Stainless steel

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Philipintexas

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I use 303 SS and it doesn't seem to be any problem. I think the proper alloy makes all the difference.
 

MachineTom

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Often SS and other metals work harden due to dull cutting tools, Drills are the biggest culprit, I have found that reducing feed just before breakthrough greatly decreases that hard spotcaused by that last .030 of material.

If a piece is already got hard spots you need to have it normalized. Which means its put in a furnace heated to curie point around 1500, held for 30 minutes then slowly cooled down to 1000° or so at which point it then be air cooled. Different Temp and times for each alloy but thats the procedure.
 

Wizard69

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How do I stop stainless steel work hardening?

The general idea is to avoid rubbing at all costs.

So for example if you are drilling a hole, lower the RPMs and feed aggressively. The idea being to make sure the cutting edge never rubs instead of cutting. You want the cutting edge to always be under what hardened on the previous revolution of the drill.
 

digiex-chris

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Agreed on all of the above with the addition of LOTS of cutting oil to keep your cutting edge in as good of shape as possible for as long as possible. If the hole is so deep that you need to peck, it's trouble. If you manage to hit that magic feed/speed where it keeps a chip cutting, keep feeding don't stop!

Cutters and drill bits with a bit of cobalt in them can help. I recently had a troublesome SS bolt to drill out that was already work hardened by a friend. TiN coated endmills were building up the stainless on the cutting edge and generally performing miserably. The cobalt drill screamed, but it got through the whole job, edge intact, with a fair amount of feed pressure. I would have liked to find out what a carbide endmill did to it, but the job was done.

One big tip I recently discovered is while TiN coatings (the goldish coating) are great for avoiding aluminum buildup on the cutting edge, avoid TiN coating on troublesome stainless , because the coating causes a less sharp edge because of the thickness of the coating. I've yet to do a side by side comparison, but it sounds good to me and my uncoated cobalt bits have worked well for me. Skip the coated, and use lots of oil, and feed hard, and spin slower.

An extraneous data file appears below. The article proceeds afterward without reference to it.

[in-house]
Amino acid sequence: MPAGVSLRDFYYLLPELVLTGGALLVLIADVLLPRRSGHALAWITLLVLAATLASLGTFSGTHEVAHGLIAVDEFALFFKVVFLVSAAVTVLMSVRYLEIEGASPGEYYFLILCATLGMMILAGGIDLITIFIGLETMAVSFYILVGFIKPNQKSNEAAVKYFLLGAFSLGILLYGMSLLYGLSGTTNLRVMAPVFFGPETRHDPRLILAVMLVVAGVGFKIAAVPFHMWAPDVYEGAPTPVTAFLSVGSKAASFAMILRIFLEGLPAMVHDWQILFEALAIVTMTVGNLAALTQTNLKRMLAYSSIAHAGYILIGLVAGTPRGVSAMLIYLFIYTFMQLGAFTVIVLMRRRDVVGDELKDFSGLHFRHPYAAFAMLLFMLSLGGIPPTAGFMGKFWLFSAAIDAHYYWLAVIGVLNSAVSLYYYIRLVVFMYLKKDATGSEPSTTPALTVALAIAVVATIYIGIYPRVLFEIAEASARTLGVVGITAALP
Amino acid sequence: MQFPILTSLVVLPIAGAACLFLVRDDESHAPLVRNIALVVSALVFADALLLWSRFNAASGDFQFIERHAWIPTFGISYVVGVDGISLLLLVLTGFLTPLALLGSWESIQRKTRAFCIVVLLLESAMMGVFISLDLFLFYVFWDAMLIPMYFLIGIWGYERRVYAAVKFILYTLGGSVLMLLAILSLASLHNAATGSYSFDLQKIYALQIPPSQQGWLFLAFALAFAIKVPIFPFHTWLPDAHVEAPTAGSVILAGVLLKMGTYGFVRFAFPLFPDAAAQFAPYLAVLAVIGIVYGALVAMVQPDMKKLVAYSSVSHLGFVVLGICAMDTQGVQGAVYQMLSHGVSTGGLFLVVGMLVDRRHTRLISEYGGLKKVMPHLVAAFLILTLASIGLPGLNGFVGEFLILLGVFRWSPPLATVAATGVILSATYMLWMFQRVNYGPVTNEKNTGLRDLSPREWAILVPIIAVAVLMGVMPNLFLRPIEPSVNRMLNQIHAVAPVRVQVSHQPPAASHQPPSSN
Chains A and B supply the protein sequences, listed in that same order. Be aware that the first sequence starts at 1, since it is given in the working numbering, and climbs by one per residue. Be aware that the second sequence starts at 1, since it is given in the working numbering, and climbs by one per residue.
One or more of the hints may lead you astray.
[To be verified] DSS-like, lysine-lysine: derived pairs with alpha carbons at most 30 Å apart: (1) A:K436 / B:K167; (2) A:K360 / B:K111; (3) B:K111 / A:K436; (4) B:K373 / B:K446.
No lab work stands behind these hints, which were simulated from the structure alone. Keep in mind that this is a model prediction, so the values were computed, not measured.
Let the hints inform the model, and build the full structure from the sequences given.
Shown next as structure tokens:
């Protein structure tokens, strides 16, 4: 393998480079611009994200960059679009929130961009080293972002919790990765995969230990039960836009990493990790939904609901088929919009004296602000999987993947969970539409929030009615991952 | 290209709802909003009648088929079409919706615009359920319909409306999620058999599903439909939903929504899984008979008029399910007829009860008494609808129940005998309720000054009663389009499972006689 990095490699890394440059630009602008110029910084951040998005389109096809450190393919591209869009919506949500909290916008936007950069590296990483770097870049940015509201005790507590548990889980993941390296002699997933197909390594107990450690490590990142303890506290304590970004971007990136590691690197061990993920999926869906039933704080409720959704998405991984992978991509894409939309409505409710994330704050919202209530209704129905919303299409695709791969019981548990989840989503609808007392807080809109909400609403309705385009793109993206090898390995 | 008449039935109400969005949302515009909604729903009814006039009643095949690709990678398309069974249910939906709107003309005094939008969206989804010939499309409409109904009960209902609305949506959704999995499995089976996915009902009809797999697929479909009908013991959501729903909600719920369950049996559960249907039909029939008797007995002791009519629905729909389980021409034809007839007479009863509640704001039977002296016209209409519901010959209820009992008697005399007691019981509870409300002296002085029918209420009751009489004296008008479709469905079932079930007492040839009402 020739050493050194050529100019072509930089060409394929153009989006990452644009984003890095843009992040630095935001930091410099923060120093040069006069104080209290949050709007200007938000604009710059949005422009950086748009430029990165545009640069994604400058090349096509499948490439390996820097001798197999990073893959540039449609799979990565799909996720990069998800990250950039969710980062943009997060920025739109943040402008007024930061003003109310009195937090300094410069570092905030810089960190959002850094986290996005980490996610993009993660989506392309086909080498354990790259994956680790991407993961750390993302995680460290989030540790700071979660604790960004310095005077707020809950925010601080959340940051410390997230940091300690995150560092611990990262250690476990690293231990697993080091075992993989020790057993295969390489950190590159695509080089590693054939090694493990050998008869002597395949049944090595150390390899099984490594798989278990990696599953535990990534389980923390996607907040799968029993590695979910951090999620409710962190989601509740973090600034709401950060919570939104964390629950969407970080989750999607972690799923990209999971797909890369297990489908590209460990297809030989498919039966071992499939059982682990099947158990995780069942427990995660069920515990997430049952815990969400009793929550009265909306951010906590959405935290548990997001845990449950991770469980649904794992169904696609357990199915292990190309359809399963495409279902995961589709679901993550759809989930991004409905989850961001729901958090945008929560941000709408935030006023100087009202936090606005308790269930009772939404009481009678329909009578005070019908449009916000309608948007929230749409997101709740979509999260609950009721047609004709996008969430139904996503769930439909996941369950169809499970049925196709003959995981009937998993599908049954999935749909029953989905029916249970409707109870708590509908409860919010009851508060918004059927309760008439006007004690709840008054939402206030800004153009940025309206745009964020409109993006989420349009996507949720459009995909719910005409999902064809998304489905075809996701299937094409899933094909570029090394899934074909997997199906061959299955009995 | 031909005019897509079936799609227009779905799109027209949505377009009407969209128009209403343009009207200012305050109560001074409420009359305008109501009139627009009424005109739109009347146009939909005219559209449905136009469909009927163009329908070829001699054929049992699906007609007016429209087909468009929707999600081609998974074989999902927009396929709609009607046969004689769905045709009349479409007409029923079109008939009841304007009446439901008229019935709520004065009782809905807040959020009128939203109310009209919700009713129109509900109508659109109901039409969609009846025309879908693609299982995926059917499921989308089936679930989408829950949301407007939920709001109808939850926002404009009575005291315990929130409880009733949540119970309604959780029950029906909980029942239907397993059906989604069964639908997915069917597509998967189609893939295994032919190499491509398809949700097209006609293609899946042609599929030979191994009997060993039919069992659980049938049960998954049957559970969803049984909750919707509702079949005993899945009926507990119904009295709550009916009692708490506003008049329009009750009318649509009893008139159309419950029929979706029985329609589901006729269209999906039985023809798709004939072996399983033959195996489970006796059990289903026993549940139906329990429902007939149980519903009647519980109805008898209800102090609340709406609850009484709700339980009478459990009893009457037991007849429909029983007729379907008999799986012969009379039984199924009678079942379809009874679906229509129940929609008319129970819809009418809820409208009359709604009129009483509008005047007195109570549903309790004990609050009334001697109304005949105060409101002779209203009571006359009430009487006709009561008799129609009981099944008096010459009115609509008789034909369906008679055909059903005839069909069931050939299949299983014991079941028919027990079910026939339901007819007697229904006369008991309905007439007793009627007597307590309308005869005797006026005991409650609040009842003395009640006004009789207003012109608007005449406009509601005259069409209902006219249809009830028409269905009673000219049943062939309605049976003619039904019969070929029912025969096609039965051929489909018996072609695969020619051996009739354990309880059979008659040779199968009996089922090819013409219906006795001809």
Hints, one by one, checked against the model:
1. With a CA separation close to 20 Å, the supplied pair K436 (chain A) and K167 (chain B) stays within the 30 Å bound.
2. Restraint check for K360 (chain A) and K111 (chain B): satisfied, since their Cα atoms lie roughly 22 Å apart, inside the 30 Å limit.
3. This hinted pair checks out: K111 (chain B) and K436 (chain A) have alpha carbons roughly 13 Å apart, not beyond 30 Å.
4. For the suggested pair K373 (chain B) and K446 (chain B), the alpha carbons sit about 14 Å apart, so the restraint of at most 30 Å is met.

Theclockworks

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Yes it drilling a 16mm hole down a 49mm bar I've done all the turning I'am drilled to 13mm but can not get that last 3mm.
 

digiex-chris

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13mm deep isn't deep enough to need pecking, that's good.

In order of increasing annoyance:

Got a carbide 16mm center cutting endmill (slot drill)? Lots of cutting oil and finish it off with the endmill in the drill chuck.

Or a cobalt 16mm will probably do the trick, but don't be surprised if you need a lot of pressure to get it going.

And lastly, if all you have is HSS drills, I'd try a smaller diameter drill bit, but still large enough to not be too terribly fragile and not so large that it'll cause tip chipping on the 16mm when you go back to it. Perhaps 5-6mm. Make sure it's dead sharp, slow down the RPM, and push hard to start it. Sharpen and repeat with the 16mm.
 

mcostello

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Could possibly try sharpening a carbide masonry drill bit.
 

Herbiev

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I normally use carbide masonry drills also. Just have to grind them sharp, low rpm and lots of coolant.
 

chrsbrbnk

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look for the stainless that says 303L or say 316L the L series is the " free machining" stuff
 

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